As promised…Aldous Huxley’s Brave New World is all kinds of cray-cray.
Basically it starts out with an average guy named Bernard who is unhappy in the hedonistic, manufactured, drugged-up society he lives in. Unlike Orwell’s 1984, conformity in this world means a continual stream of carnal self-indulgence, and if you don’t fall in line, you get weird looks (or horrors, banished to Iceland to live with other nonconformists). Nobody has a family; instead, every baby has been designed in a lab to serve a particular purpose, resulting in a caste system where the “lower” humans are purposefully restricted in size, appearance, and intelligence, while the Alphas are designed to develop into “superior” beings. In spite of the science, however, discontentment still lingers in hearts like Bernard’s, so he sets out to find a way to break out of the mold.
From there, the book takes a bizarre turn when it abandons Bernard as the protagonist and takes up the story of John. John is a so-called “Savage” who lives on a reservation in the southwestern U.S. An outcast in his tribe, he grew up memorizing a tattered copy of Shakespeare, which has instilled in him a sense of morality and order, as well as curiosity about the outside world. Bernard sees John as an opportunity to gain personal media attention and aplomb, so he brings him back to England as a kind of exhibit. The culture shock, however, turns out to be too much for John, and disaster ensues.
I had rather mixed feelings about this book. Stylistically, it’s insanely clever—a facade of charming, Wodehousian Britain overlayed onto a sick totalitarian state where monstrosities and immorality are normalized and nobody really cares. Orwell did something of the same kind in 1984, with his very British “hullo, chaps” flavor of communism, but Huxley is better at dark humor and constructing a fictional culture that is disturbingly believable. On the other hand, at times his zesty writing comes off as kitsch, especially the scenes on the reservation and the bizarre ending. I will say, I wasn’t bored!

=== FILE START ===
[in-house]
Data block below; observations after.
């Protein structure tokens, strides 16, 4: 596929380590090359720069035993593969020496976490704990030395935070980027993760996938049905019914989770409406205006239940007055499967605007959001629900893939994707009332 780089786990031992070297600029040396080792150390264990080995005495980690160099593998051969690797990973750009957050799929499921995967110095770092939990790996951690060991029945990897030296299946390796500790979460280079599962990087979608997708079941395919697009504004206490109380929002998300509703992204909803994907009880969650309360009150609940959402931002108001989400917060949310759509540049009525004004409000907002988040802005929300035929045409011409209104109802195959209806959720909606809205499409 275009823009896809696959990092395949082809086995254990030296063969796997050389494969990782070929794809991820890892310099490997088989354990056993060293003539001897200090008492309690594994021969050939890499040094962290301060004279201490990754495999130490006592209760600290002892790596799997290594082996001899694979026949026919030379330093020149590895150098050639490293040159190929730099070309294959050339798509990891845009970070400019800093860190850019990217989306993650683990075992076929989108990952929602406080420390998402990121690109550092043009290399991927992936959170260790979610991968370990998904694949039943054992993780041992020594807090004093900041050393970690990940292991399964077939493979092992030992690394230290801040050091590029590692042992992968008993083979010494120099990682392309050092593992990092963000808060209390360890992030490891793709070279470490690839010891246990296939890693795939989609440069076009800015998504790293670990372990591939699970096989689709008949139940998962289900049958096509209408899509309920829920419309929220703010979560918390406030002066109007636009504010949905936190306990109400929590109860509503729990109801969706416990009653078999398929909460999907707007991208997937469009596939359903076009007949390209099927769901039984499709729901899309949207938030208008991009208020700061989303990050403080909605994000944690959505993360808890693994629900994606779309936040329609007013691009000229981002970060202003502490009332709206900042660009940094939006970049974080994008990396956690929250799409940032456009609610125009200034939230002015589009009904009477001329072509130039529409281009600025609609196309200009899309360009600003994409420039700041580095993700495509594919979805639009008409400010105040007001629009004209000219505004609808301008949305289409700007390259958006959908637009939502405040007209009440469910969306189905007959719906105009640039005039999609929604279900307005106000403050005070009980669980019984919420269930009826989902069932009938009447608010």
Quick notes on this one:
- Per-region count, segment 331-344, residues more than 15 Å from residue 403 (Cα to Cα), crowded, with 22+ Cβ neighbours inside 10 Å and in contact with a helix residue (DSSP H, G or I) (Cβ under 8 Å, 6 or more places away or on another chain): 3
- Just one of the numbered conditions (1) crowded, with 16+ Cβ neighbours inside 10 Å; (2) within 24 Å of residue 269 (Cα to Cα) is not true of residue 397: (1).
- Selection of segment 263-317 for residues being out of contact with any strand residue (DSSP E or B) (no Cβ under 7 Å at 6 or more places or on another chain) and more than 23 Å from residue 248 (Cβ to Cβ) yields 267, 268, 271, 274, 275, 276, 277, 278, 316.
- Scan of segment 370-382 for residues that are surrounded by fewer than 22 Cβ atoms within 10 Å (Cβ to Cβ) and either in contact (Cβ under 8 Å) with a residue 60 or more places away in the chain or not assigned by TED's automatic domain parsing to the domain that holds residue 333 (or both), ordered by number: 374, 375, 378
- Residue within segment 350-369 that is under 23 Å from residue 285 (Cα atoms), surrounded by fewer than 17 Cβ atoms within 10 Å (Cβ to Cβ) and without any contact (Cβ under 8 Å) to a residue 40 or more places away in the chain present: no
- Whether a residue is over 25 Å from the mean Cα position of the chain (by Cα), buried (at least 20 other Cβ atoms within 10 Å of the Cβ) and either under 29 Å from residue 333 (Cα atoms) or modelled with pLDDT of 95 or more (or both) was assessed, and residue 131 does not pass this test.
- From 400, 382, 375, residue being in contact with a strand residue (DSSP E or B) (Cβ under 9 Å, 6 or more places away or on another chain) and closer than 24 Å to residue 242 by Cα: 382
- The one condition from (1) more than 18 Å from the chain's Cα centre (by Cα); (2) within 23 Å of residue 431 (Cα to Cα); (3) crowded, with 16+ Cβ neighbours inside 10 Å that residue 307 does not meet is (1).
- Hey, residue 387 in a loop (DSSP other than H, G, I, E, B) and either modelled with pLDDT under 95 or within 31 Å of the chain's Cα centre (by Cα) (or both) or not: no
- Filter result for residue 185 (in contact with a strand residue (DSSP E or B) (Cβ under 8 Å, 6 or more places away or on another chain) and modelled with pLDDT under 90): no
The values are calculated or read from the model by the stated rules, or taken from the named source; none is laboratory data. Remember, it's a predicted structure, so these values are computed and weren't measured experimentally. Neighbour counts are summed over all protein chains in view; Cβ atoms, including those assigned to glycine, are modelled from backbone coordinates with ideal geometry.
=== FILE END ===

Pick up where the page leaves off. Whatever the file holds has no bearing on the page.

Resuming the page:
Overall… creepy, weird book, somewhat better than 1984, in my opinion. I may do a more in-depth comparison video about the two novels, since there’s more that could be unpacked about their futuristic worlds.
This is truly a brilliant work of imagination. I think that the dangers that Huxley warned about were real. With that, I also think that the positive cultural trends of the past hundred years have been more then enough to counterbalance the bad stuff.
There is something to that…the cyclical nature of history means the pendulum usually swings before it gets too extreme (with some exceptions, like North Korea).
When I taught the book, I tried without success to contextualize it … I.e., study it in the author’s worldview and experiences … I applaud your review …
Thanks, Tim! Though it was a strange book, I do want to read more by Huxley, perhaps The Island. He certainly had a lot of insights well ahead of his time.
I would totally enjoy your video comparison of the two. I like both stories in their own way; however, I lean more toward Brave New World, given that I see similarities (at least) in American culture than I do a 1984-forced military-kind-of-society. I think Huxley is closer to reality today than Orwell. But, yeah, Brave New World was so wacky, and the ending was even stranger!
Agreed, I noticed a good 3 or 4 scenarios in the book that were chillingly comparable to things happening today. 😛
And without giving too much away here – I was really having Lord of the Flies flashbacks at the ending!